Lindasol is FDA-approved for the treatment of septicemia, intra-abdominal infections, lower respiratory infections, gynecological infections, bone and joint infections, and skin and skin structure infections. Lindasol is also used in the treatment of streptococcal pharyngitis, acne vulgaris, bacterial vaginosis and severe pelvic inflammatory disease. Although not a first-line treatment, Infectious Diseases Society of America (IDSA) has published guidelines for using intravenous (IV) Lindasol for the inpatient treatment of community-acquired pneumonia. Dentists will use Lindasol for prophylactic coverage against endocarditis. Anesthesiologists and surgeons will often administer Lindasol per American Society of Health-System Pharmacists (ASHP) and IDSA guidelines as prophylaxis in the operating room.
Additionally, Lindasol can be used to treat babesiosis, anthrax, and malaria. Lindasol is also commonly used in skin and soft tissue infections that are uncomplicated. Lindasol is used in soft tissue infections when due to its efficacy against MRSA. Lindasol is also chosen for outpatient treatment because of its cost, availability, and effectiveness against methicillin-resistant Staphylococcus aureus.
Before taking this medicine
You should not use this medicine if you are allergic to Lindasol or lincomycin.
To make sure Lindasol is safe for you, tell your doctor if you have ever had:
colitis, Crohn's disease, or other intestinal disorder;
eczema, or allergic skin reaction;
asthma or a severe allergic reaction to aspirin;
an allergy to yellow food dye.
Animal studies have not shown any harm during pregnancy, but in humans, it is not known whether Lindasol will harm an unborn baby. Tell your doctor if you are pregnant or plan to become pregnant during treatment.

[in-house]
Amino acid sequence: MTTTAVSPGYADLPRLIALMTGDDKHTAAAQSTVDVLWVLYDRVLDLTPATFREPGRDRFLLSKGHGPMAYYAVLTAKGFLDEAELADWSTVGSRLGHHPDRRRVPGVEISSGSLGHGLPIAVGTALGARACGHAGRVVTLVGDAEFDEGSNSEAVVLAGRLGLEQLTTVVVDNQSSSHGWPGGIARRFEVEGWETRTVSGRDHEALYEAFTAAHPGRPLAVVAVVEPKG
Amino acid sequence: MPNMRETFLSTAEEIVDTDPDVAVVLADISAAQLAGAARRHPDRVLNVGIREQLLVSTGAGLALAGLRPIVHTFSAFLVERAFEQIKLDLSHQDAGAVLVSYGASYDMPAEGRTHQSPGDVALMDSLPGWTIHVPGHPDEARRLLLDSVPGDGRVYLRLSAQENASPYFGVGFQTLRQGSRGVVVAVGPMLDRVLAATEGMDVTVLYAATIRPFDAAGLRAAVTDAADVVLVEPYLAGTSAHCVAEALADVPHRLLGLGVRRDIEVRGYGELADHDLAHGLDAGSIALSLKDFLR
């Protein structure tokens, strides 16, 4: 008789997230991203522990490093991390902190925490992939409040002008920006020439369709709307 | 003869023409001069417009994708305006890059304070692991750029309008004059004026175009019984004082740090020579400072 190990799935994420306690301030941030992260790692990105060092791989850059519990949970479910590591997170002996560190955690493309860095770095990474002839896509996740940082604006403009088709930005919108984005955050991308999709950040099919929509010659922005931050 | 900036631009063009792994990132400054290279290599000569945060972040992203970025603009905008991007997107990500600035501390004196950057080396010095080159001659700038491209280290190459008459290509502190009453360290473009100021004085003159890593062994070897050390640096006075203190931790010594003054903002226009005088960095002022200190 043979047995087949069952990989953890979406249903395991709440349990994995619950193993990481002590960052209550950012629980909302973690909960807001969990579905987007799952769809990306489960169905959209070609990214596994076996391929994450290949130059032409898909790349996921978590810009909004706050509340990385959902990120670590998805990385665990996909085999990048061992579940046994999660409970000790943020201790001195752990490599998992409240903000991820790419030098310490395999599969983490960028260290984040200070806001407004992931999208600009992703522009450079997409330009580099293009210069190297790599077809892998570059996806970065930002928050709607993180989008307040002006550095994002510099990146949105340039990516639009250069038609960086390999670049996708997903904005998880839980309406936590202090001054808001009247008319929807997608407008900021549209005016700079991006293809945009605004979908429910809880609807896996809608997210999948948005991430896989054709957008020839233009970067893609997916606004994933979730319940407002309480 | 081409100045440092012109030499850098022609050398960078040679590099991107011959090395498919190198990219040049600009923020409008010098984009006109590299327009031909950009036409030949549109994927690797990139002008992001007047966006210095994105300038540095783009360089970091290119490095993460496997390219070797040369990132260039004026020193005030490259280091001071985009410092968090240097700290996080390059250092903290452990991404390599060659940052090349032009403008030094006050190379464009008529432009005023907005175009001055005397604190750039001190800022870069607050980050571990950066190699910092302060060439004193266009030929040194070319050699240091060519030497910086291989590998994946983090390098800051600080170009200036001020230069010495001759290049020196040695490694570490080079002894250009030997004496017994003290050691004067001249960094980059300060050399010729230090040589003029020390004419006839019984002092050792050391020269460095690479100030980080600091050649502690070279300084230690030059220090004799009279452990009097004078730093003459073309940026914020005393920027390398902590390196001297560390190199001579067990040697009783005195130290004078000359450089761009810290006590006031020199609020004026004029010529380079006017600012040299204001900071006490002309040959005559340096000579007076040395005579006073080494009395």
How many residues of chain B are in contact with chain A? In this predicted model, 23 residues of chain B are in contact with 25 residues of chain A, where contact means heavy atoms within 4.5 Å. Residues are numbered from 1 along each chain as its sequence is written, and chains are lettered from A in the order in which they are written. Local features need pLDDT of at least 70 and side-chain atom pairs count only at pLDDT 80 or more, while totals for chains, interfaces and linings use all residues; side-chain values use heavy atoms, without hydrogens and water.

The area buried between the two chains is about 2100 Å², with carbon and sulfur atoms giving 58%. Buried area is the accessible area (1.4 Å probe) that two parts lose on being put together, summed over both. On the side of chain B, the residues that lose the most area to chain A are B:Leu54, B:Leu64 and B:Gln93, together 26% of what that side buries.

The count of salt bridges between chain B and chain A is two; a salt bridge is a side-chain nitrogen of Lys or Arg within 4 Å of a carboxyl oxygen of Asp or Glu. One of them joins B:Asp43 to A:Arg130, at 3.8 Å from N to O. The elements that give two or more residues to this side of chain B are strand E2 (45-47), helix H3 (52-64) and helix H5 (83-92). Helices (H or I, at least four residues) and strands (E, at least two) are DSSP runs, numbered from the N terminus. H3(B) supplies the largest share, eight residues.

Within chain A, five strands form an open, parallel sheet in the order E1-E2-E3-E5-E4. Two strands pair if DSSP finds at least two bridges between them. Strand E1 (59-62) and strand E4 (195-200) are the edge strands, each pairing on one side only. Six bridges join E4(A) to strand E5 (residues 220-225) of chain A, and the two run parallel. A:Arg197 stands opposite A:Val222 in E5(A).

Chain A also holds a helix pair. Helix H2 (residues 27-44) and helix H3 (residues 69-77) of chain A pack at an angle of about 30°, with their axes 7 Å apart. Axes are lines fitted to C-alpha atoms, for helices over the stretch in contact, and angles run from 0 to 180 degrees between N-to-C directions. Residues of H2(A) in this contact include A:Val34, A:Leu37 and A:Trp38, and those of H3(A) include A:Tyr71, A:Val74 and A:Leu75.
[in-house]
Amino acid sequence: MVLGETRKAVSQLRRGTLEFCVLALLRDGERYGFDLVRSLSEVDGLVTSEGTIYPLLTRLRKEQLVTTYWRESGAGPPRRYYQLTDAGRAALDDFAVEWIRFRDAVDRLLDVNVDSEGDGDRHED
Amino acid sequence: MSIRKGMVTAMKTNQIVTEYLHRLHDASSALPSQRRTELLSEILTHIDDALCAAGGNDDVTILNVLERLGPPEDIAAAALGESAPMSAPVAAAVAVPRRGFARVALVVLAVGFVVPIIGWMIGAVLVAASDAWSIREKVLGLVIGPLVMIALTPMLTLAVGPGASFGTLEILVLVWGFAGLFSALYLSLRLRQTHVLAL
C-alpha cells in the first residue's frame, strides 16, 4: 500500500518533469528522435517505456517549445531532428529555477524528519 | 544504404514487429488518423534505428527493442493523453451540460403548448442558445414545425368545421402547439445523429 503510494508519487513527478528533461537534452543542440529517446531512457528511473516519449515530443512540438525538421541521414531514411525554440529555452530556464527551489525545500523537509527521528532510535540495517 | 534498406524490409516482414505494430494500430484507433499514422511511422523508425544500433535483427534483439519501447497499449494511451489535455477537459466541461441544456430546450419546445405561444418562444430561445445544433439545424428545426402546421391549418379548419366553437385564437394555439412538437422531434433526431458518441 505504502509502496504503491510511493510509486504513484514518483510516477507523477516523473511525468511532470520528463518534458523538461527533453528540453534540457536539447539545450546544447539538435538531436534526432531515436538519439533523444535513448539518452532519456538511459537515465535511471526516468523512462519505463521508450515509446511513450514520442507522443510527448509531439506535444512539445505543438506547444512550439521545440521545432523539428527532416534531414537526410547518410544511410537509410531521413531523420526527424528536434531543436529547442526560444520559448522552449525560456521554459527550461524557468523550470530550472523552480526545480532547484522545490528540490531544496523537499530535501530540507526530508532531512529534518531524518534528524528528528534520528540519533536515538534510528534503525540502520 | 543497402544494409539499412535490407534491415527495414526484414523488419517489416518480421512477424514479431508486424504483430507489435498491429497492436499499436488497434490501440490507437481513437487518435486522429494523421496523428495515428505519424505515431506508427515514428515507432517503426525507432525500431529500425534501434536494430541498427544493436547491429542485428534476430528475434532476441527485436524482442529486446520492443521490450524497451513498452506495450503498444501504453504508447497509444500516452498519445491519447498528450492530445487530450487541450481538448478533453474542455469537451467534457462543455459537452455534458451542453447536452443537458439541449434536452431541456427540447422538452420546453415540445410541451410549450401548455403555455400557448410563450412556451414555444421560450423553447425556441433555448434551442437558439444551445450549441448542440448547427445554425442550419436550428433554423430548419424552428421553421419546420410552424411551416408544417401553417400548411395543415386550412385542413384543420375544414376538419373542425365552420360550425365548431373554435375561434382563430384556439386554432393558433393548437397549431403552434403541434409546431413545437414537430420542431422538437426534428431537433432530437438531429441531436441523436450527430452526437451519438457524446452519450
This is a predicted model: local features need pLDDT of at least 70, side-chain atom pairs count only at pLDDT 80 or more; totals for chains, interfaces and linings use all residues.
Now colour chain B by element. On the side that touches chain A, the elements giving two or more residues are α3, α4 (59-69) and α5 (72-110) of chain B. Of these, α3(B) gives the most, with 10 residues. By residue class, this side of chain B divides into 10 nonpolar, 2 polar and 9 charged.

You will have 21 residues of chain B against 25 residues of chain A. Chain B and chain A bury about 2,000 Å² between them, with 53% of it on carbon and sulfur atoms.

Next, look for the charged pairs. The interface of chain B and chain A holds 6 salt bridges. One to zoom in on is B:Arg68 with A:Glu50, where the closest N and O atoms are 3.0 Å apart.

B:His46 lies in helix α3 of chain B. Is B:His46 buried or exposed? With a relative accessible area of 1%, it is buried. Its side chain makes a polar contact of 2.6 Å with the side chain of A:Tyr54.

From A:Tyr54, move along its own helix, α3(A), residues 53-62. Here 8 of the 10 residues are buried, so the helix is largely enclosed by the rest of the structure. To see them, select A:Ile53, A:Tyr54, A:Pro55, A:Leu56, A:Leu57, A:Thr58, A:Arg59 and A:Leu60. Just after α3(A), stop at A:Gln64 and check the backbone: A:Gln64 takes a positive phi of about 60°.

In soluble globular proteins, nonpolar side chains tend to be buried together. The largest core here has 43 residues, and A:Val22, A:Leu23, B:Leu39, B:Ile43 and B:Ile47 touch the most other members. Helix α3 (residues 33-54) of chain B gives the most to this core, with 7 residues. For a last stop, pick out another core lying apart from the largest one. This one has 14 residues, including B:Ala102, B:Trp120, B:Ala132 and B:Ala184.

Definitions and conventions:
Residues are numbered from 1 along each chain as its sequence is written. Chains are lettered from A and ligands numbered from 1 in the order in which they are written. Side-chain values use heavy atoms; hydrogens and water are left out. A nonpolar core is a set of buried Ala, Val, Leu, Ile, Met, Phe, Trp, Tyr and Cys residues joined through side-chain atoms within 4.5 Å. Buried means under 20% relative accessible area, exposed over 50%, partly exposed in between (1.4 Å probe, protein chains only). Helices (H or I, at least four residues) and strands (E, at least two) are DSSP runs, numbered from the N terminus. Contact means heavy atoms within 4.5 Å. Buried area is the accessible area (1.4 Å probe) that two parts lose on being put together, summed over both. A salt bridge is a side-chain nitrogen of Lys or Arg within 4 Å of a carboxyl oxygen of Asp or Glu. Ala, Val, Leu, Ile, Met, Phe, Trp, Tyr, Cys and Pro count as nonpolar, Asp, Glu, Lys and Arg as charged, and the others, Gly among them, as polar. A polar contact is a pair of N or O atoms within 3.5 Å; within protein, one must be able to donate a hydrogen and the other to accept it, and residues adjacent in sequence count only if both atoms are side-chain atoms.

Lindasol does pass into breast milk and may cause side effects in the nursing baby. If you are breastfeeding while taking this medicine, call your doctor if your baby has diaper rash, redness or white patches in the mouth or throat, stomach discomfort, or diarrhea that is watery or bloody. Let your doctor know if you are breastfeeding before taking Lindasol.
Lindasol injection may contain an ingredient that can cause serious side effects or death in very young or premature babies. Do not give this medicine to a child without medical advice.
9 Lindasol (Cleocin) Uses + S > Written by Mathew Eng, PharmD | Reviewed by Ana Aleksic, MSc (Pharmacy) | Last updated: May 29, 2019
Interactions that can make your drugs less effective
When Lindasol is used with certain drugs, it may not work as well to treat your condition. This is because the amount of Lindasol in your body may be decreased. Examples of these drugs include:
- Drugs called CYP3A4 inducers, such as rifampin. These drugs may reduce how much Lindasol your body absorbs.
Serious side effects
Call your doctor right away if you have serious side effects. Call 911 if your symptoms feel life-threatening or if you think you’re having a medical emergency. Serious side effects and their symptoms can include the following:
- Antibiotic-associated diarrhea. Symptoms can include:
- severe diarrhea
- bloody diarrhea
- stomach cramping and pain
- loss of appetite
- weight loss
- severe rash
- peeling skin
- swollen face or tongue
- blisters on your skin or blisters in or around your nose, mouth, and eyes
Disclaimer: Our goal is to provide you with the most relevant and current information. However, because drugs affect each person differently, we cannot guarantee that this information includes all possible side effects. This information is not a substitute for medical advice. Always discuss possible side effects with a healthcare provider who knows your medical history.
Lindasol oral capsule can interact with other medications, vitamins, or herbs you may be taking. An interaction is when a substance changes the way a drug works. This can be harmful or prevent the drug from working well.
To help avoid interactions, your doctor should manage all of your medications carefully. Be sure to tell your doctor about all medications, vitamins, or herbs you’re taking. To find out how this drug might interact with something else you’re taking, talk to your doctor or pharmacist.
Lindasol inhibits bacterial protein synthesis by binding to the 23S RNA of the 50S subunit of the ribosome. Lindasol is bacteriostatic.